Find out causes of littering, then get tough

Find out causes of littering, then get tough
File photo of a janitor cleaning up litter after a New Year countdown party at *Scape on 1 January 2011.

SINGAPOREANS seem to have to bear sole responsibility for our littering woes ("Counting on S'poreans to keep environment clean" by the Public Hygiene Council; July 16, 2014, "PM reacts to meadow of trash that music fans left behind" and "Singapore becoming a 'garbage city', says ESM Goh Chok Tong"; ST Online, both published last Thursday, and "Time to grow up, clean up after ourselves" by Miss Tan Lin Neo; yesterday).

Singapore was once touted as a clean city, following decades of the Keep Singapore Clean movement and our anti-littering laws.

So what went wrong?

It cannot be the result of the "maid mentality", as foreign domestic workers are not a new phenomenon in Singapore.

Have people's mentality and attitude towards cleanliness and hygiene changed? Have people become more self-centred and anti-social? Are the anti-littering laws and clean movement losing their effectiveness? How about the impact of the influx of foreign workers over the years?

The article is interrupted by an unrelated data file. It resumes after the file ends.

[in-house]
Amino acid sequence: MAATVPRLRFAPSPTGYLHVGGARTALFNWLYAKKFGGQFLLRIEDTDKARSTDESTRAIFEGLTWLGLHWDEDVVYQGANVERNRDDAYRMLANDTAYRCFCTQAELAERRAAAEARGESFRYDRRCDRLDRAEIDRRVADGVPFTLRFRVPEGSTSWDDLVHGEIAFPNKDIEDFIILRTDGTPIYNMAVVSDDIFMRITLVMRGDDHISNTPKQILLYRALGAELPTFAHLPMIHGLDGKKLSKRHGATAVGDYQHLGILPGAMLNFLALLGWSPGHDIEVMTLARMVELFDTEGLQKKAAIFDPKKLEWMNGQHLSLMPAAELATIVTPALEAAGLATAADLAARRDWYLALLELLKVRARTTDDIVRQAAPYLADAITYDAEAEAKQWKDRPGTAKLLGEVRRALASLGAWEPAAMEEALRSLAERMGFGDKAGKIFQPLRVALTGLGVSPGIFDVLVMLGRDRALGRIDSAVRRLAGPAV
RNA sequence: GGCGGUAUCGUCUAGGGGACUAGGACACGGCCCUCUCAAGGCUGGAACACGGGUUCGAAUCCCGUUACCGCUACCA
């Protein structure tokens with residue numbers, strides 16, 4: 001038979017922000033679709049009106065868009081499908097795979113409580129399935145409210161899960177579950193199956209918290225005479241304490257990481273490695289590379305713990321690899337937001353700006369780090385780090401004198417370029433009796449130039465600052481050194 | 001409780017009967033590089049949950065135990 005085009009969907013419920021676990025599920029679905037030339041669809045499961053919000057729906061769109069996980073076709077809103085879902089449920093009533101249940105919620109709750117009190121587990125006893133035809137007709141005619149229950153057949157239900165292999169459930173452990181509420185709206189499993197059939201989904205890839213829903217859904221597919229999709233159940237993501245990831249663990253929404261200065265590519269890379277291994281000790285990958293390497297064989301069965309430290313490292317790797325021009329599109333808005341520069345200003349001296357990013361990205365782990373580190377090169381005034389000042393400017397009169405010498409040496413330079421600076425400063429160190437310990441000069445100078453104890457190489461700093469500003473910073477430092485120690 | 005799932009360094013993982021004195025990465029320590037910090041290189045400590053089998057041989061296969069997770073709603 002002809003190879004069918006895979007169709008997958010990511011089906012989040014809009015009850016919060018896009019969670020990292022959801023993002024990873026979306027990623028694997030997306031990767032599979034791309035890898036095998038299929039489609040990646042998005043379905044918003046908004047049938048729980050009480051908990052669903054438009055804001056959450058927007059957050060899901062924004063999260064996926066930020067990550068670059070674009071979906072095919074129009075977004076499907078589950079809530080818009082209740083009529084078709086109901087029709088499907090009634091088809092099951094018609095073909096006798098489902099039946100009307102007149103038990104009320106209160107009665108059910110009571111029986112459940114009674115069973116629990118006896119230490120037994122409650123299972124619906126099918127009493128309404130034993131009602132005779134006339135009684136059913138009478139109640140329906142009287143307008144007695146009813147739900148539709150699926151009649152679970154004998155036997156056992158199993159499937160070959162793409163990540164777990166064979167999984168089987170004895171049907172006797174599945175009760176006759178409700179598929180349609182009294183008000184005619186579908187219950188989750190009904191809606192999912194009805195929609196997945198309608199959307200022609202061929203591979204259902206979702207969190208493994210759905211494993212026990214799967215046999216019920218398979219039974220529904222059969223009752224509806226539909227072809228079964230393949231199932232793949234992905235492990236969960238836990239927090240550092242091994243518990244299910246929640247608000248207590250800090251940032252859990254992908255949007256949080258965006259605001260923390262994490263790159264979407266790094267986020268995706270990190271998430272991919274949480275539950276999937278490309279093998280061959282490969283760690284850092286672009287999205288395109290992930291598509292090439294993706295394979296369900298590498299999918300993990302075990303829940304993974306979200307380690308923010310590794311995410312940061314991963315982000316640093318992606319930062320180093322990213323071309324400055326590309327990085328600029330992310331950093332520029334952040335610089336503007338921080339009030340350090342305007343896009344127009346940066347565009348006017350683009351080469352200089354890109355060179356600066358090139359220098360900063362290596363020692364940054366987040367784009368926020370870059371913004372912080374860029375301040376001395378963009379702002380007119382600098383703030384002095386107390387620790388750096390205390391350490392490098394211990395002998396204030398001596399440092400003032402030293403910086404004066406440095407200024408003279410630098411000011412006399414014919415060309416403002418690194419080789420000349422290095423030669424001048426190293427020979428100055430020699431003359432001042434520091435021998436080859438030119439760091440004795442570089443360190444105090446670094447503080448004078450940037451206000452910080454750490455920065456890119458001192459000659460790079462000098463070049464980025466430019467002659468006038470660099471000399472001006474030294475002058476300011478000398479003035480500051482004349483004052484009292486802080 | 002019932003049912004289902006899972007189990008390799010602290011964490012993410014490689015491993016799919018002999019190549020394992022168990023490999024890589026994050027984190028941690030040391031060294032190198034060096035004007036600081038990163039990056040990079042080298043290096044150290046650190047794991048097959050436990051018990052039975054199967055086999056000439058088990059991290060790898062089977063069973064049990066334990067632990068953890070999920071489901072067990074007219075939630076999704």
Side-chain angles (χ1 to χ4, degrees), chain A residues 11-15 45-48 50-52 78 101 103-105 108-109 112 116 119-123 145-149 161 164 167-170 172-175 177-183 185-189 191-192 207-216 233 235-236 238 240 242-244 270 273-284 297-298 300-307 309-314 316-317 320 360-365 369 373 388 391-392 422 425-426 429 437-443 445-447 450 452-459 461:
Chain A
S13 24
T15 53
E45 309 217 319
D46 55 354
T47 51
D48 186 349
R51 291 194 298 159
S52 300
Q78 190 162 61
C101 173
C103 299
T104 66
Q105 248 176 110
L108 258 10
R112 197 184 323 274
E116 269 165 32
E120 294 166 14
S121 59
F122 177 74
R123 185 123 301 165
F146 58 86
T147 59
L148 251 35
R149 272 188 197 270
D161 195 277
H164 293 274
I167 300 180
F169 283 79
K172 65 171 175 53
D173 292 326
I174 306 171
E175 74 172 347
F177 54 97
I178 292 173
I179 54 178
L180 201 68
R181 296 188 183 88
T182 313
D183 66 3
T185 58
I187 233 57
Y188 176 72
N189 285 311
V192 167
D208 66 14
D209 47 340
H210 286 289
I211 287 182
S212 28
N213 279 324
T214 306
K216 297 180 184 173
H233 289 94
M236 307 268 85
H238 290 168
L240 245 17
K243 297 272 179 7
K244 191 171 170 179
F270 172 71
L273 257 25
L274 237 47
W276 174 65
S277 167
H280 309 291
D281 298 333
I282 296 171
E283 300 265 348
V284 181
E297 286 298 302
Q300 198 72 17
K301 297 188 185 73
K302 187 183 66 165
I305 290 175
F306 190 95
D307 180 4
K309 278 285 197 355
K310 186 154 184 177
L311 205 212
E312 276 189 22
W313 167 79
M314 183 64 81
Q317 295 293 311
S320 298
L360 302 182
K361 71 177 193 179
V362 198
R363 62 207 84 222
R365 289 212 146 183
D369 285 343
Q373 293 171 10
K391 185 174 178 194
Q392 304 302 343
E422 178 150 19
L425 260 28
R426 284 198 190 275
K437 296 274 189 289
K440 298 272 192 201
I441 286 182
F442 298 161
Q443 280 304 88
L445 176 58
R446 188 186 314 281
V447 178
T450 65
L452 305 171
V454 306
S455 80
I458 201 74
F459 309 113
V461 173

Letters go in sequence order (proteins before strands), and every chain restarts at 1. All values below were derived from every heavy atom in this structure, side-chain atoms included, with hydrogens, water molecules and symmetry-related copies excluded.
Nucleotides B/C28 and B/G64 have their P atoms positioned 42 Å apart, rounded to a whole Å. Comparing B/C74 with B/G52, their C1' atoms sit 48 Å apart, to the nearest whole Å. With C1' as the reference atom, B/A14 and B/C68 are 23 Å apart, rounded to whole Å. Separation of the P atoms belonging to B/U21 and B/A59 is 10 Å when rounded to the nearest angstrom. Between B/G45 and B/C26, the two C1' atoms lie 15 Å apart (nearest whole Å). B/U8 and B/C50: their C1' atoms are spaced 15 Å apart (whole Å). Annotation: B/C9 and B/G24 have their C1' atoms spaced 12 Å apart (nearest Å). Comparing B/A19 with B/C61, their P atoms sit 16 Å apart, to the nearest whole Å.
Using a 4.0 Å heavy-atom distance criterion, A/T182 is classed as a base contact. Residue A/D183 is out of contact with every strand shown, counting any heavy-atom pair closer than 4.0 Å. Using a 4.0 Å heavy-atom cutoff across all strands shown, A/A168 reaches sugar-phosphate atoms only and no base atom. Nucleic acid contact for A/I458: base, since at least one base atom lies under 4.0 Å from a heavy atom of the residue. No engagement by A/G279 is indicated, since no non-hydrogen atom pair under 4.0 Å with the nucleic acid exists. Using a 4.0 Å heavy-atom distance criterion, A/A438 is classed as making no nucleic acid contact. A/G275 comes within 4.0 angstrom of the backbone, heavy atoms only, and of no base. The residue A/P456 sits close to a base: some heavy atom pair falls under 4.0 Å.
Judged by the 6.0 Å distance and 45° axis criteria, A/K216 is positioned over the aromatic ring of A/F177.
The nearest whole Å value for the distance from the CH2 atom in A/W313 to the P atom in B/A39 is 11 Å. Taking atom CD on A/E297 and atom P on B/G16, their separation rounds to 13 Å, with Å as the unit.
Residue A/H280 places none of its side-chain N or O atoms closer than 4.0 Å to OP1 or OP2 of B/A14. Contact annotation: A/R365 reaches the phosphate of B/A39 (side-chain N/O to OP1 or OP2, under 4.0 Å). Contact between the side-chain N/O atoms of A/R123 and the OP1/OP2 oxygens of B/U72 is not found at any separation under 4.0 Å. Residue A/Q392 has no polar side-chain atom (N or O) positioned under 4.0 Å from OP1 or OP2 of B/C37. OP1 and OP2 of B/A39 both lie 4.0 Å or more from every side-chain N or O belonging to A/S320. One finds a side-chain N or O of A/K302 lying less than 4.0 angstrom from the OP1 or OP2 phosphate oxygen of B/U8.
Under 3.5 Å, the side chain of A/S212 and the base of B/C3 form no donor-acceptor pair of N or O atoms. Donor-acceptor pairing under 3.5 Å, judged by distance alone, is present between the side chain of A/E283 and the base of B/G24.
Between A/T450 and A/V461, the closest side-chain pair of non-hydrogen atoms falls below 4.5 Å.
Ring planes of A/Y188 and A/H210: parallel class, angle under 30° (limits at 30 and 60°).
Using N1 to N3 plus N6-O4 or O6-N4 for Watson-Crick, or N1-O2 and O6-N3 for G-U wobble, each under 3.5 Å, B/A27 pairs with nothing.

In my letter last year ("No need to dangle carrot in anti-littering drive"; Forum Online, July 24, 2014), I highlighted the case of a mountain of trash left behind when a large group of foreign workers ended its Sunday outing at the grounds of St Andrew's Cathedral.

The situation is no different at beaches, parks and open spaces.

In order to nip the littering problem in the bud, we need to target both Singaporeans and foreigners so that we do not miss the forest for the trees.

The National Environment Agency should embark on a thorough study to identify the sources of littering. This should be followed by a public education campaign, coupled with heavy penalties to be imposed on offenders.

Words, advice and pleas will not be effective. Only drastic measures can ensure a behaviour and attitude change.

This article was first published on Feb 4, 2015.
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